At this year’s Dementia Congress in Brighton I sat alone and listened to the Tom Kitwood Memorial address – a rare opportunity amidst a mighty presence and input by people with dementia via the DEEP network. I found myself reflecting on my 20 years working in the dementia field, being inspired by Kitwood’s work as a bright young thing in 1998 in my first ‘proper’ job, supporting long term, citizen advocates for people with dementia living in care homes in the London Borough of Greenwich. People who had no-one else in their lives to speak up for them and with them. Our volunteer advocates stood side by side with people, finding ways to collect and honour wishes, hopes and feelings, when verbal communication was impossible to articulate. Side by side at very difficult times of transition, following crisis and trauma. Side by side looking towards end of life and death.
Fast forward 20 years and I’m still working in dementia. I can’t imagine being anywhere else. At Dementia Congress people with dementia were front and centre stage, running as a golden thread, with family carers, throughout this conference. But, of course, these people are few in real terms, and the experiences of the remaining population of people with dementia are many. I recall my colleague Steve Milton, when leaving his 8 years of running the Alzheimer’s Society’s dementia helpline, reflecting with huge sadness, that while he’d personally spoken with some 30,000 people affected by dementia, in real terms the numbers, especially of people with a diagnosis of dementia were pitifully small – “what about the rest” he asked?
But the danger of focusing on the hugeness of the task just paralyses us. Similarly, dismissing activists with dementia as ‘unrepresentative’ does not help to bring the voices of people who are considered to have more advanced dementia to the forefront, nor does it recognise the ever steeper mountains they climb away from the spotlight. As Fran Hamilton, an Occupational Therapist and co-ordinator of the newly formed D-Mob group in Brighton reflected about the engagement of people with dementia: “There isn’t finite room, only an ever-expanding space for the voices of people living with dementia. This is how the landscape is changing and we get to end stigma.” DEEP is full of quieter voices, people who live in care settings, people who have had dementia for many years, people who have more advanced dementia, and are sustained by their families, their networks and their DEEP groups.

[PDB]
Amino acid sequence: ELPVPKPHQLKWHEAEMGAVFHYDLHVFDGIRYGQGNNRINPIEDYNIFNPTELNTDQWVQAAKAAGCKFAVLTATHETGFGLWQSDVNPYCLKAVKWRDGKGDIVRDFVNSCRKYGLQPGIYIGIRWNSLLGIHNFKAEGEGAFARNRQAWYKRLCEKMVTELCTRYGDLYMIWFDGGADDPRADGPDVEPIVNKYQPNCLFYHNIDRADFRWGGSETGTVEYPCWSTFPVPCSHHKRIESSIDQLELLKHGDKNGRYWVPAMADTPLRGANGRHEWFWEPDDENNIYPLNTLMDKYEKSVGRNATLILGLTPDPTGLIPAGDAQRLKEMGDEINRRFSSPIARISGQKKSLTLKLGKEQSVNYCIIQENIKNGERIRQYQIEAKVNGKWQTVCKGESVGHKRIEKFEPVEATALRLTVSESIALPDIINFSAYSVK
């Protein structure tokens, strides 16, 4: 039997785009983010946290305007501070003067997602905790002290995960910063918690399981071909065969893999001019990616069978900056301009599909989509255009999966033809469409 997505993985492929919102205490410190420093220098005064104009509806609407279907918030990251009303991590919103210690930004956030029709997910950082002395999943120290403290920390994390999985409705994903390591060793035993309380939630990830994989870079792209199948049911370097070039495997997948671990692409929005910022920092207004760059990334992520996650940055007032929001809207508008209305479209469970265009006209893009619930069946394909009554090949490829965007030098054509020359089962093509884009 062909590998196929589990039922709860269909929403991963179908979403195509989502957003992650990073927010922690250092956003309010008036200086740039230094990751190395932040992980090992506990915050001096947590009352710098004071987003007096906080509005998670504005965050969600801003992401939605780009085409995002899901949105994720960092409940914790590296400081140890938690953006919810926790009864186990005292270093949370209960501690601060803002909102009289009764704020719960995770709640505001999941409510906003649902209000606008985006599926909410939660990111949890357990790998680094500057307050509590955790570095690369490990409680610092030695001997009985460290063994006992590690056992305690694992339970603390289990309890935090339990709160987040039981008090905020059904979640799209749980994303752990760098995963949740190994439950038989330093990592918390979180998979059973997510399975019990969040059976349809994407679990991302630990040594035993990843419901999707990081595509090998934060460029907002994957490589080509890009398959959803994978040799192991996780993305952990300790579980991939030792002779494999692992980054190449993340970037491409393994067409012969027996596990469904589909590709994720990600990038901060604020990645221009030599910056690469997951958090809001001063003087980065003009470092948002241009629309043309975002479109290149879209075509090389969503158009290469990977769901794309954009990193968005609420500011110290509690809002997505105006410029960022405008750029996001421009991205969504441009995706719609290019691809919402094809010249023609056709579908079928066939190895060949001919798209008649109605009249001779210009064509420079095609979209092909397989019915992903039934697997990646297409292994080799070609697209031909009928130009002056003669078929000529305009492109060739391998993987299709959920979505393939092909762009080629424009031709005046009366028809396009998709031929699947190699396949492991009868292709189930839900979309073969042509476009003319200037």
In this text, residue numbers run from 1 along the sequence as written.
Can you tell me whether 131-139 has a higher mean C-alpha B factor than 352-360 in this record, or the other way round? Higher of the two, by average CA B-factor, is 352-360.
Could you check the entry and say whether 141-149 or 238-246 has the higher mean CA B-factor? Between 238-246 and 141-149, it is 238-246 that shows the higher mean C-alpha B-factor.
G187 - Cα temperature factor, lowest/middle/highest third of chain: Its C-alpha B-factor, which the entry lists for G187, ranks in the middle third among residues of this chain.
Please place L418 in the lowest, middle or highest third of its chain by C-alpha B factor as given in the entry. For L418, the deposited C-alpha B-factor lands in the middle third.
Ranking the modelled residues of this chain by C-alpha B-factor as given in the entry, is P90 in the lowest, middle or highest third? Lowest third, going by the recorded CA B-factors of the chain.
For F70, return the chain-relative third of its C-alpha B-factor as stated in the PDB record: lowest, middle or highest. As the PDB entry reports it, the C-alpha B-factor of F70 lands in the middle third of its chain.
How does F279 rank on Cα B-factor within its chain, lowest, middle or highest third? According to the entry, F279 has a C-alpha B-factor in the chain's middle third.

I’m so proud to see a network of and with people with dementia flourish and grow. DEEP isn’t the only network and it isn’t the only way of working. I don’t think anyone at Innovations in Dementia or within a DEEP group would say it is. But I’ve learnt such a lot from the hundreds of people with dementia I’ve worked with – echoes of their voices whisper to me at times of doubt, none louder than Lily, my grandma who, when living with advanced dementia in a care home addressed my 16 year old self to “never forget that I’m still in here.” With our recent Big Lottery funding we will be ‘capturing the story’ of DEEP groups for the next 18 months. Marking hundreds of moments in time and recording legacies with people with dementia. It’s just a moment though. There is so much growth still to come. I’m honoured to have recently been nominated and accepted as a Fellow of the Royal Society of Arts– with its mission to enrich society through ideas and action. Innovations in Dementia is a tiny organisation of committed people. We can’t do this alone and have never claimed to do so. We want to inspire different conversations about dementia and hope you will join with us in constructive and respectful discussions. The space available for social change is infinite.
By Rachael Litherland, Director, Innovations in Dementia
Me and my Grandma.